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Paying tribute to Bulgari’s artistic contributions to design, the Fine Arts Museums of San Francisco will present “The Art of Bulgari: La Dolce Vita & Beyond, 1950-1990” at the de Young Museum from Sept. 21 through Feb. 17.
This story first appeared in the June 26, 2013 issue of WWD. Subscribe Today.
The exclusive exhibition of approximately 150 pieces follows the museum’s fashion-related shows “Cartier in America,” “Balenciaga and Spain,” “Yves Saint Laurent” and “The Fashion World of Jean Paul Gaultier: From the Sidewalk to the Catwalk.”
“This is the first time Bulgari has been shown in an American museum, which shows that it is an interesting enough jeweler for a museum to treat its products over the years as works of art and fine examples of design,” said Martin Chapman, curator in charge of European Decorative Arts and Sculpture at the Museums.
Chapman worked closely with Bulgari’s historic consultant, Rome-based Amanda Triossi, who helped develop the company’s archives while she was researching her first book on Bulgari in 1994.
While the 129-year-old jewelry house has had American customers since before World War II, Bulgari did not open a U.S. store until 1972, in The Pierre hotel in New York. By then, most Americans knew of the famed Bulgari pieces that Eddie Fisher and Richard Burton gave to Elizabeth Taylor, several of which are featured in the exhibit.
Bulgari’s cultivation of prominent patrons and movie stars like Taylor, Sophia Loren and Ingrid Bergman has long been a key aspect of the jeweler’s reputation. To help explore the cultural context in which these objects were made, the exhibition will include innovative uses of sketches, photographs and other archival materials that highlight the intersection of celebrity, design and craftsmanship. The exhibition will also feature old advertising images and interactive holograms.
Another key element shown is Bulgari’s departure from traditional jewelry design. “Moving away from the popular Parisian style of the Sixties, Bulgari struck out in a new direction with bold cabochon jewels, weightiness and a style rooted in its own Roman origins, such as the coin,” said Chapman.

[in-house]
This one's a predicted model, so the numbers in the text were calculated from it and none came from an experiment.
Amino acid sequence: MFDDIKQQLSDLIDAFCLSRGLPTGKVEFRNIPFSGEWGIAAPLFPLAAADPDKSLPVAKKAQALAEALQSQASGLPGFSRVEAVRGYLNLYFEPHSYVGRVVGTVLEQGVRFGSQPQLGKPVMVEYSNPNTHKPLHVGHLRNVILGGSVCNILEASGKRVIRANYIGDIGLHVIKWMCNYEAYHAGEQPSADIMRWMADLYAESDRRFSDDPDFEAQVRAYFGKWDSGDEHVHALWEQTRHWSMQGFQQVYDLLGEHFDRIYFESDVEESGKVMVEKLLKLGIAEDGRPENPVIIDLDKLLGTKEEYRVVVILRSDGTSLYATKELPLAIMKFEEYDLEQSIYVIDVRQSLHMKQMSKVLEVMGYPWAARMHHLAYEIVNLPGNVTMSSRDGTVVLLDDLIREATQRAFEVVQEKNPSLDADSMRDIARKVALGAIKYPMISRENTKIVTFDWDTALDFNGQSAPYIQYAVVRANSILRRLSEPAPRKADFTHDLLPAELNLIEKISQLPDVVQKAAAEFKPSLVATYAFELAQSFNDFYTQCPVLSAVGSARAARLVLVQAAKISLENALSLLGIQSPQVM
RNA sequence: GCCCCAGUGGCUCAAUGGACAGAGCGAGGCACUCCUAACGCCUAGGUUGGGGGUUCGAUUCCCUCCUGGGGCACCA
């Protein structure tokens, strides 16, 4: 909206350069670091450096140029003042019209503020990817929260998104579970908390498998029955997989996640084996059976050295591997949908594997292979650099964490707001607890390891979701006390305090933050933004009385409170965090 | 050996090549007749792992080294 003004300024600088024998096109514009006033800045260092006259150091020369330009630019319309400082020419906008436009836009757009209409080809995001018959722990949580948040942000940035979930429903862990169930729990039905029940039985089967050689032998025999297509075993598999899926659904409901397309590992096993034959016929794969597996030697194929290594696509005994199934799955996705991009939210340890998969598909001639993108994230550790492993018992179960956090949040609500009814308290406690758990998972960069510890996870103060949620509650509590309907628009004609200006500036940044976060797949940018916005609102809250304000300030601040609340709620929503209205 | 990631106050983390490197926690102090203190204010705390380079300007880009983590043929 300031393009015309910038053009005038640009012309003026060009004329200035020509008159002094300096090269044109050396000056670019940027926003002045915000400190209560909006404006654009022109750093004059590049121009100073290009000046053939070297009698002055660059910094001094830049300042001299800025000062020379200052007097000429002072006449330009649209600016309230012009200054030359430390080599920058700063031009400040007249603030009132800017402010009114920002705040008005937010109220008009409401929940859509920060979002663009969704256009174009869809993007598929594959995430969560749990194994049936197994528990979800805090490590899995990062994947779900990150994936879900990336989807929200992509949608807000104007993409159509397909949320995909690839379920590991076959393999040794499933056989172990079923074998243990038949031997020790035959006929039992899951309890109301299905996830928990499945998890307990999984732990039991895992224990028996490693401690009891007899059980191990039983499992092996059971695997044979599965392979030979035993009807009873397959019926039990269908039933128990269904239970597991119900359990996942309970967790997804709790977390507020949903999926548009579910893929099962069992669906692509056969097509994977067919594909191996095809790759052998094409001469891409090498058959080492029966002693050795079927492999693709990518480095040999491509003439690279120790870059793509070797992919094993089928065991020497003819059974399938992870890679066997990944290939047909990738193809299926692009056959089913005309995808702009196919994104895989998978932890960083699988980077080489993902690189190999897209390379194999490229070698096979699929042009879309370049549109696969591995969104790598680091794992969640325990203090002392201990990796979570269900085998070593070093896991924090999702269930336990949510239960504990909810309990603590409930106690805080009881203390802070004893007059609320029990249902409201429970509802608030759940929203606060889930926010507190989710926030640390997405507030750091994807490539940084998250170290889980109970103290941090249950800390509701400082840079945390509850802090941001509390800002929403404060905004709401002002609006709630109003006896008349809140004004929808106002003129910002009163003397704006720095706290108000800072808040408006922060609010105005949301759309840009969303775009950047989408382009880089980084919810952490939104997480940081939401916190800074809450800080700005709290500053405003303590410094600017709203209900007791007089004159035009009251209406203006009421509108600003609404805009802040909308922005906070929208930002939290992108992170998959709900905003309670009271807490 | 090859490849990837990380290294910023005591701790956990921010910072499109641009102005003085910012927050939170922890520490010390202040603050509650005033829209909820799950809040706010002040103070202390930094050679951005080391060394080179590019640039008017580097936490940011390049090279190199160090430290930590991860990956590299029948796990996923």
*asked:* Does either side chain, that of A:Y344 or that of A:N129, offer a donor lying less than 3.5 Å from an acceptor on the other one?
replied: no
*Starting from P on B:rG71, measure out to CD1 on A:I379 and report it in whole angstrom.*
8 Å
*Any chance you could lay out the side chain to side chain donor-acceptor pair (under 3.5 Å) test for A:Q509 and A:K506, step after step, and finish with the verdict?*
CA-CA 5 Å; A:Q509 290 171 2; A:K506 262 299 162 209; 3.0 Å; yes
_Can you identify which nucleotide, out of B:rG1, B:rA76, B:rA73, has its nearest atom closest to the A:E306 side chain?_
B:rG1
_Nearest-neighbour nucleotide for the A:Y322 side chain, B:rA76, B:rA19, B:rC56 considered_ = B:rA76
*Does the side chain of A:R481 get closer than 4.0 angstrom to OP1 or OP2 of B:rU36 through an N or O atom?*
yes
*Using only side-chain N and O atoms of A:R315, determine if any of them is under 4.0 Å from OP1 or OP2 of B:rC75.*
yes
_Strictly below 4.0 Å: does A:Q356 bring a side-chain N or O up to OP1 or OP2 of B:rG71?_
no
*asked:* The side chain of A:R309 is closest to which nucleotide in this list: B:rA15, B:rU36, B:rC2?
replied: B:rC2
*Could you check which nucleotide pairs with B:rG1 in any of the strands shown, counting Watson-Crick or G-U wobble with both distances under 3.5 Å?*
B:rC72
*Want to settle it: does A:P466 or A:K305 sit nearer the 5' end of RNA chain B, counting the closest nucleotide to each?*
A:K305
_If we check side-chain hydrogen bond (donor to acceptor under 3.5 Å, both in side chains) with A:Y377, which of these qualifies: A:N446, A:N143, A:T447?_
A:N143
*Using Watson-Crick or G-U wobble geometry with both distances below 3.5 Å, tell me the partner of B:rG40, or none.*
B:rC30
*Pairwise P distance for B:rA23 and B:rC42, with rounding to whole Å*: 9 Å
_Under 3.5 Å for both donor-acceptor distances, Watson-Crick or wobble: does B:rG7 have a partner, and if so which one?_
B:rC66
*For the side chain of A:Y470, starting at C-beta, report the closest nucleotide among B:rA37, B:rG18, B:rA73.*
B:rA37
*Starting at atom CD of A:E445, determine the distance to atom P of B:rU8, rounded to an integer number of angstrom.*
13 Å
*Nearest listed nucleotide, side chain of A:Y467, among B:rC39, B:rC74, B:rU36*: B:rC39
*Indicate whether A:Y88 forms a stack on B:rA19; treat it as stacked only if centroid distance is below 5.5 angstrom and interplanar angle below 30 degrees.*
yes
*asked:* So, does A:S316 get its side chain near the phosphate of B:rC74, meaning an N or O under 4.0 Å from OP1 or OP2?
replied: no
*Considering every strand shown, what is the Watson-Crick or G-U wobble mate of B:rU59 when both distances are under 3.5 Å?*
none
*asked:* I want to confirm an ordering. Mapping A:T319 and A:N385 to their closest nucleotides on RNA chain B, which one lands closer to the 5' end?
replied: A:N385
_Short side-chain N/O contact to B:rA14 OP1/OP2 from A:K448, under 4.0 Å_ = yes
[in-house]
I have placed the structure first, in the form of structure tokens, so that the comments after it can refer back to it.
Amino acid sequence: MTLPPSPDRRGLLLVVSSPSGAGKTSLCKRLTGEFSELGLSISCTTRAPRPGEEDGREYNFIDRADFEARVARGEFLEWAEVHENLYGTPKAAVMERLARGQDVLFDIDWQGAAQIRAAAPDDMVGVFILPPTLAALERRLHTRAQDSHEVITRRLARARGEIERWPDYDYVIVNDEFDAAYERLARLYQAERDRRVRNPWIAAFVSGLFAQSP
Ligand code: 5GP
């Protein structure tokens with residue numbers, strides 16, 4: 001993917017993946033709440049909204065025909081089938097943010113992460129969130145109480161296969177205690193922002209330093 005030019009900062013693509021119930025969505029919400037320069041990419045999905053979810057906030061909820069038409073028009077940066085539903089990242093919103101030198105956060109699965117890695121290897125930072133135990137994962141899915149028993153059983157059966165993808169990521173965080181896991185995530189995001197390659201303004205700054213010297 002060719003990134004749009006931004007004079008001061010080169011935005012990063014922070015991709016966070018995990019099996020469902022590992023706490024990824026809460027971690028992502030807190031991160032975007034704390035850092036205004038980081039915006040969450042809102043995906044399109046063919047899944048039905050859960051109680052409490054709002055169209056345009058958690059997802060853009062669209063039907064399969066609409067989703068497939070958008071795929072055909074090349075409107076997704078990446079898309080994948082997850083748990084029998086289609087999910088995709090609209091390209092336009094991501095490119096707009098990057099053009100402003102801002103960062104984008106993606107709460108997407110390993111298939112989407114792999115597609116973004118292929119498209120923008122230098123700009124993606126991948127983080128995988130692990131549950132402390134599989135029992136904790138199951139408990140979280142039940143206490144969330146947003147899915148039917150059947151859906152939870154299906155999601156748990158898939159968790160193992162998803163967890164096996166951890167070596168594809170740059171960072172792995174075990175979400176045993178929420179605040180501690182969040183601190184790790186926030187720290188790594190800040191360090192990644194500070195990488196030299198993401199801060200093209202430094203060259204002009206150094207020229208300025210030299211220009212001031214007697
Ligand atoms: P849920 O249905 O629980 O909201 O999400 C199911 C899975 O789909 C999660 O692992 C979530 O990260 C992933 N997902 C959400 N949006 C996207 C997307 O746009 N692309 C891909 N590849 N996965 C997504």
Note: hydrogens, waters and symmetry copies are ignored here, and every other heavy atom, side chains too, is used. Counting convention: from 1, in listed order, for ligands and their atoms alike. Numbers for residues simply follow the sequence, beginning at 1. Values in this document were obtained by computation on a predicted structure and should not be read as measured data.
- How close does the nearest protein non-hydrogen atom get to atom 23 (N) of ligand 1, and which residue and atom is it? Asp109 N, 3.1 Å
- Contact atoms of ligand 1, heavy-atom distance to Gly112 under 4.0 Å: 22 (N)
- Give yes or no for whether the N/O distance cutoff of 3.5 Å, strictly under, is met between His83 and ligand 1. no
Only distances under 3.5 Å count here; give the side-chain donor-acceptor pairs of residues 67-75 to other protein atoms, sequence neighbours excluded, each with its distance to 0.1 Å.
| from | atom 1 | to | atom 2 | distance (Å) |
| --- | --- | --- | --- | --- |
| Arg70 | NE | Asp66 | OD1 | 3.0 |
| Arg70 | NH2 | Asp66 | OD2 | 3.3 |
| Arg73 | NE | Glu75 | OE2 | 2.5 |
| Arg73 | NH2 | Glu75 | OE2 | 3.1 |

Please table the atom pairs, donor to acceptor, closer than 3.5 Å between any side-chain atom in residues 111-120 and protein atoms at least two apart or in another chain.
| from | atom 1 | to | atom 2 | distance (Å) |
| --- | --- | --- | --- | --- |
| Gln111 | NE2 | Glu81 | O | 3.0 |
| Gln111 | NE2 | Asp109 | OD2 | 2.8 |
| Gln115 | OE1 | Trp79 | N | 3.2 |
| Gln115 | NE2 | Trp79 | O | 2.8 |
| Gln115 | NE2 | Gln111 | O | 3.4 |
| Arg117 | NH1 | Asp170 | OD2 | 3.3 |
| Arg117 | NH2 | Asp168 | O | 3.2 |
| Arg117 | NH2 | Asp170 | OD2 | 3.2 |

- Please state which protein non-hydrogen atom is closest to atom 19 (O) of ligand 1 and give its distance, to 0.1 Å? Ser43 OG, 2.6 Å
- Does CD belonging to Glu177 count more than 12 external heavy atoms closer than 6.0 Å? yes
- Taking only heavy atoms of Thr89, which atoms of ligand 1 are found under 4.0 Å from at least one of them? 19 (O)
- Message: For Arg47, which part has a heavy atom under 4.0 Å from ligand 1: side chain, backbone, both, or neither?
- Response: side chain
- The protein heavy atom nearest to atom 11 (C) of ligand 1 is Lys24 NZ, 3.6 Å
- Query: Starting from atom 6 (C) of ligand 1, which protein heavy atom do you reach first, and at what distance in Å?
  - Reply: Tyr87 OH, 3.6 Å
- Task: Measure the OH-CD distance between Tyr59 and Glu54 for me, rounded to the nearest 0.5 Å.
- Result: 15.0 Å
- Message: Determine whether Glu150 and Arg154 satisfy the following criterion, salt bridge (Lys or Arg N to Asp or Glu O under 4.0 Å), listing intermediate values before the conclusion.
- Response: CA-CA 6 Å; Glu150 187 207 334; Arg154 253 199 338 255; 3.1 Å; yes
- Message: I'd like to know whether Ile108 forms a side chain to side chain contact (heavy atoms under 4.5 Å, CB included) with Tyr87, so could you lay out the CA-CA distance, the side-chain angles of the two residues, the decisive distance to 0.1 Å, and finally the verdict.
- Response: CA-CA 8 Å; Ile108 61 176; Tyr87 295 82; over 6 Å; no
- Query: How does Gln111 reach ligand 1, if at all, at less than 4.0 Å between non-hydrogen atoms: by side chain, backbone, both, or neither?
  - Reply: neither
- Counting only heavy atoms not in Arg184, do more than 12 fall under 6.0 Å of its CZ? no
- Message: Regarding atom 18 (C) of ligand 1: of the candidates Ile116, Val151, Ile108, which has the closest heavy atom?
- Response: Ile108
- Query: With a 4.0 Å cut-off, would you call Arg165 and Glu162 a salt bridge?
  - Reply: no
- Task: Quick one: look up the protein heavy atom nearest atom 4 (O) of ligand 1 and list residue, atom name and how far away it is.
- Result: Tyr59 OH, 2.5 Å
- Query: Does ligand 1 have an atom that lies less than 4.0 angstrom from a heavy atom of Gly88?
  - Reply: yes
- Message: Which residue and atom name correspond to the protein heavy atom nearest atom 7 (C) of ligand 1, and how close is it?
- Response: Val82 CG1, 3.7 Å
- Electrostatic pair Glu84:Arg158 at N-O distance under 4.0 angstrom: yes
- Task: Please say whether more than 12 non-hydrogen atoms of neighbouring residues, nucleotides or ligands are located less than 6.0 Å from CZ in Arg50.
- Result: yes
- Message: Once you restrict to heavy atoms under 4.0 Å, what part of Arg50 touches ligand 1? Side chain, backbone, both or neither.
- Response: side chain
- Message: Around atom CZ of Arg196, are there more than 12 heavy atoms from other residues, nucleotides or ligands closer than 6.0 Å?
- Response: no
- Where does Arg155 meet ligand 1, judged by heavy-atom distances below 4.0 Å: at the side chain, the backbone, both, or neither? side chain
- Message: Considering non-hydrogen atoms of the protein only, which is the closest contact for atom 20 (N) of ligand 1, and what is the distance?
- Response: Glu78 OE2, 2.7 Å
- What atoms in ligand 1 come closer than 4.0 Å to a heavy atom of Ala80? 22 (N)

The house notably began to embrace colorful combinations of semiprecious and precious gemstones, heavy use of gold and forms derived from Greco-Roman classicism, the Italian Renaissance and the 19th-century Roman school of goldsmiths. Bulgari helped develop a look that would come to be known as the “Italian school” of jewelry design.
“Regardless how expensive the pieces are, there’s the idea of casual formality that is really the link with Italian style,” said Triossi. “You can wear the same jewelry to a picnic or a ball.”
The exhibit also includes pieces from the Seventies and Eighties, a particularly innovative period for the jeweler influenced by Pop Art and other contemporary trends.
“The hard-edged designs of the Seventies included a whole range based on the Stars-and-Stripes motif, while in the Eighties the Parentesi collection had a smoother, modular, almost architectural presence; both show how the jeweler could lead in new directions with a strong sense of design,” said Chapman, noting, “Andy Warhol once said he thought that Bulgari was the greatest contemporary art museum in the world, which says a lot coming from an artist.”
Also notable are three never-before-seen serpent bracelets on loan from a private collector. Although one of Triossi’s jobs is to buy back important vintage pieces as they come up for auction, her spending power has been diminished as prices have gone up, and many collectors from the Sixties are still holding onto their pieces, untouched by “the three Ds: death, disease and divorce,” she said.
She surmises the show will be popular because “jewelry has transcultural appeal. There isn’t social strata that isn’t interested in jewelry. From Indian beggars to American rock stars, everyone’s interested.”